Jenn Accius doesn’t like opening up about her past encounter with a violent police officer. That trauma is normally hidden away but occasionally spills out on poetry pages — one of the only spaces where she’s felt comfortable.
This moment feels different.
Accius, 32, is the co-founder of kärnl moon — it’s a Black artist collective run by six women. It started in 2018 as a one-stop shop in West Palm Beach for in-person gatherings and workshops focused on wellness, meditation, horticulture, and poetry.
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The women are leading a growing healing community amid the ongoing COVID-19 pandemic and protests against systemic racism.
“So the idea for kärnl moon came from my own wellness journey. I actually experienced police brutality, which led to me experiencing PTSD. And so I got on a journey of wellness and reclaiming that for myself. And so I sought out events and most of them are down south and not really in West Palm," Accius told WLRN.
“And friends of mine would be like, ‘Oh man, I wish that there was something like that in West Palm.”
For Accius, trauma can travel. She says the national spotlight on high-profile racial microaggressions and the deaths of Oluwatoyin "Toyin" Salau, Breonna Taylor, George Floyd, and countless others, have reverberated to even the smallest communities. Accius says she knew she wanted “to make sure that people, marginalized people, have access to wellness and education on that as well.”
That means tapping into complex issues surrounding Black and Latinx communities in Palm Beach County and meeting people where they are. Through public Instagram Live sessions and invite-only Zoom meetings, women and men engage in calls for mental and emotional self-improvement, spirituality, and economic empowerment.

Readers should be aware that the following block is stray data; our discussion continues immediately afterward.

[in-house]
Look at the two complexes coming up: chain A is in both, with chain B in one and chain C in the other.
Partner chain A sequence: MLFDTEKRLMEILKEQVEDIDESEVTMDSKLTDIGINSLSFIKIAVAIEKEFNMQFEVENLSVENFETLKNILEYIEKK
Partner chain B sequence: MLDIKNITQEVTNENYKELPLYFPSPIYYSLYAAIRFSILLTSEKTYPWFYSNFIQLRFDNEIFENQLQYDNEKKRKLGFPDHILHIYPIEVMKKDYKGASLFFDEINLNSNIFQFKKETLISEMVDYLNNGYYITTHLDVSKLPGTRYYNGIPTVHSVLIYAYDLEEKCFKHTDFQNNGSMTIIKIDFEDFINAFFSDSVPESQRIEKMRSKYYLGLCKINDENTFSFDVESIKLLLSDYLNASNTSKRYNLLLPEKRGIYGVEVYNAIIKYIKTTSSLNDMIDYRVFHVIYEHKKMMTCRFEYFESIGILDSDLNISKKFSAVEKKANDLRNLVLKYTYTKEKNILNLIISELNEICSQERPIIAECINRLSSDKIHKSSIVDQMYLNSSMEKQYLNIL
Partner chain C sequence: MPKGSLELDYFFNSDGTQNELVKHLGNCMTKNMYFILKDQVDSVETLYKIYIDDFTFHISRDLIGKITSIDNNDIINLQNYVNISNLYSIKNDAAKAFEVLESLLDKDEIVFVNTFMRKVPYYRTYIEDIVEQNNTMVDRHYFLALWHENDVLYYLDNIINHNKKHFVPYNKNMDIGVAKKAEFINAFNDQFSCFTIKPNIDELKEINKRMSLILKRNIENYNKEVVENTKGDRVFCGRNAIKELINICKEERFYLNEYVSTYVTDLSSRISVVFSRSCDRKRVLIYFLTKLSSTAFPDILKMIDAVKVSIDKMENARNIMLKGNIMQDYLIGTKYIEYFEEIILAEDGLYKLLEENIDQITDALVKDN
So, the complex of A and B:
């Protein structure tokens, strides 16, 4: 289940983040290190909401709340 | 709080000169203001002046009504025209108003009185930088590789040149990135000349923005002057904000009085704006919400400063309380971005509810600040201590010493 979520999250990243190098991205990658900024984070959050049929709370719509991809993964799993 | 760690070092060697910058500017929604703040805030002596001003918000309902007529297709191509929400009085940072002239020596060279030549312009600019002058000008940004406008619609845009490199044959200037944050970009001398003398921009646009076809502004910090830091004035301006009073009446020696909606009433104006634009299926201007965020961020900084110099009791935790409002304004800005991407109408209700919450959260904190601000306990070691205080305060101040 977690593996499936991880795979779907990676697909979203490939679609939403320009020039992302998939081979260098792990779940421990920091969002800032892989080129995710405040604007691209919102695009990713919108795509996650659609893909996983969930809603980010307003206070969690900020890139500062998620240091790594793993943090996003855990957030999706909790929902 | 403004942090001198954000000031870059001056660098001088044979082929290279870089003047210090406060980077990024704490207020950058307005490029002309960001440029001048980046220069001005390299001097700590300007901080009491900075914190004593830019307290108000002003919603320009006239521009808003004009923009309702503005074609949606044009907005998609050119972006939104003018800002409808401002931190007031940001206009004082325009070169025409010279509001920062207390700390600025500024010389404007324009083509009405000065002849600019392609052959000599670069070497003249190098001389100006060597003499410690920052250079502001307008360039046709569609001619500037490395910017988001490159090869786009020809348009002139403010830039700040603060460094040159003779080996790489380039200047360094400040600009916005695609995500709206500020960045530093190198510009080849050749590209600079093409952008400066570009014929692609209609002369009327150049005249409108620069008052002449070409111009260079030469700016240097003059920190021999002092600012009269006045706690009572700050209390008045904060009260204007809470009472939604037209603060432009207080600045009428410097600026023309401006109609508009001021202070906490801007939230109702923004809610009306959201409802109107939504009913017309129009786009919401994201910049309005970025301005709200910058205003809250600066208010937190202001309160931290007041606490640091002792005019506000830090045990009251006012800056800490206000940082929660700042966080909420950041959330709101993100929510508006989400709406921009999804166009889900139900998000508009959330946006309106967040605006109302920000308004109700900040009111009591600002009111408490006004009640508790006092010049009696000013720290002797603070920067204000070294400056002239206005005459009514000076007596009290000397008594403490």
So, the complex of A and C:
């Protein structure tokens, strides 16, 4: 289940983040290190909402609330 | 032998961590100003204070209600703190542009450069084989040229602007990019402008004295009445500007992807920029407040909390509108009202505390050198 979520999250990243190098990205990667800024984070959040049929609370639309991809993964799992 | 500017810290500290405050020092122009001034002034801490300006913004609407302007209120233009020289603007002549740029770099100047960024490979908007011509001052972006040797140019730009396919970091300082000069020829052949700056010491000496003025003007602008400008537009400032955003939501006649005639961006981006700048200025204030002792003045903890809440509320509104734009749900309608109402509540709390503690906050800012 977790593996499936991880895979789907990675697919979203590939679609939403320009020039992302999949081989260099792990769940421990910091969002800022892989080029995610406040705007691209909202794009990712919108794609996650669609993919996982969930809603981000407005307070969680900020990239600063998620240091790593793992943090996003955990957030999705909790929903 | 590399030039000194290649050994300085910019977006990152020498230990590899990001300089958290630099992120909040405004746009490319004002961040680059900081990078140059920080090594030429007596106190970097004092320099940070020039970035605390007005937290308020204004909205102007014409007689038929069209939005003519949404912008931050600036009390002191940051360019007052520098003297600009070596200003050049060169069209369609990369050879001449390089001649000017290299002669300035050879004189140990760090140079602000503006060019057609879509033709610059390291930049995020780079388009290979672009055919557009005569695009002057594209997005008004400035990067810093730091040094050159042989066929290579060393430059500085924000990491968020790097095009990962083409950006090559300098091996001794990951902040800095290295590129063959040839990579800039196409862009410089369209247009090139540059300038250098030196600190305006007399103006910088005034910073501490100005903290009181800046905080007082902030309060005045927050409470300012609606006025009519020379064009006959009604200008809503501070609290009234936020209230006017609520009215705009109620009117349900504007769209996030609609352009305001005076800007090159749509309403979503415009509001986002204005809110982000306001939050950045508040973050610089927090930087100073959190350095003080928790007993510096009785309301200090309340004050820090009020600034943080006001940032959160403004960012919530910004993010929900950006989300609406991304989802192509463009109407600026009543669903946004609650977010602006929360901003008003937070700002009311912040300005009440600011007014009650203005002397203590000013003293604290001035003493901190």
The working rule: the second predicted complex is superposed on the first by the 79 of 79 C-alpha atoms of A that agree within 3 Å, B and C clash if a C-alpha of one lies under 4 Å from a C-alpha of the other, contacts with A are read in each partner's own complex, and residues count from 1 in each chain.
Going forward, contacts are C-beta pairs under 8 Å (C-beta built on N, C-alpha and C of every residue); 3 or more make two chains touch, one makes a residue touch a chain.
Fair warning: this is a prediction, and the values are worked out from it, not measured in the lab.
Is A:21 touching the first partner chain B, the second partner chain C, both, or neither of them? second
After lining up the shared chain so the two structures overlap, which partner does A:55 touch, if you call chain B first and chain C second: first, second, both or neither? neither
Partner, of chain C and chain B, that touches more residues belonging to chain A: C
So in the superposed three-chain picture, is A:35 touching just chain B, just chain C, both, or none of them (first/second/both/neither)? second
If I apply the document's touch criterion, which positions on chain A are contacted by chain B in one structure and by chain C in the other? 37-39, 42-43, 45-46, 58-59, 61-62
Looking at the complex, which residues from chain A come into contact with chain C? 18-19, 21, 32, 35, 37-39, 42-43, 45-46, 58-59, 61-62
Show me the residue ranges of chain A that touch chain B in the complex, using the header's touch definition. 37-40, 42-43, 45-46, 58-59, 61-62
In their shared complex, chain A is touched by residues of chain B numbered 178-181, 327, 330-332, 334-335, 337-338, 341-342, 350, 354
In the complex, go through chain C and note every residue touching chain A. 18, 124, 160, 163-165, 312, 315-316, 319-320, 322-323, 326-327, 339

The collective invites subject matter experts, artists and thought-leaders to help address long-standing intercultural problems like colorism and structural inequality issues like redlining and the lack of access to mental health services. The group says the name "kärnl” is the phonetic spelling of carnal and moon "represents the celestial divine self."
Co-founders, Jacque Palmer, 34, and Flose LaPierre, 28, say their online members are “connecting more than ever” about dealing with collective anxiety - a generation inundated by “uncertainty.”
“People were essentially pouring out their grief, their frustration, going through the, you know, the stages of grief online. And I saw that immediately people were hurting, calling out of work,” Palmer said.
Palmer, the “sound mama,” known for her meditative sound bath sessions, produced a Black resource directory for the community and helped organize a virtual healing circle with the West Palm Beach Downtown Development Authority. It’s a 4-week private series on Zoom that focuses on developing compassion and practicing empathy.
Jacque is Afro-Latinx, and she says recent protests have forced kärnl moon fans and members to reexamine what it means to be Black in the United States.
“And so I came to the girls and I said, ‘we need to put together a healing circle like yesterday and we just need to hold space. We need to talk about and acknowledge what's happening in our community. We need to let people know we see you, we love you and we're holding space for you.”
The collective, each with their own expertise, tend to mobilize quickly: Anuella Alexander, 30, is the “plant mama.” Alexander often leads horticulture workshops. Jenn’ey Accius, 28, is the resident DJ Judy. Penelope Petit, 30, is “Penney,” the photographer.
And Flose LaPierre, the published writer and poet, often serves as the host for virtual open mics and pre-pandemic, in-person events. Before the group was forced to move to online sessions, LaPierre says kärnl moon initially partnered with Daniel Fortune, owner of the Creativ Dept, a media events space.
She describes the eclectic gatherings as a “vibe.”
“I mean, our events are unlike anything I've ever experienced. We started out in this studio space and we hosted our first four full moon markets there. And basically what they are is a healing space,” she said. “And so you walk in and everything has been thought out. Everything from the art, everything from the music to the food to whether there are throw pillows on the floor to whether Jacque's sound bowls are set up.”
LaPierre says she doesn't know when people will “vibe” in person again but finds reassurance in the undying attempts to connect.
“I think we’ve surprisingly managed to maintain a solid sense of community online.”
kärnl moon has continued their partnership with the West Palm Beach Downtown Development Authority for their Healing Circle on July 13.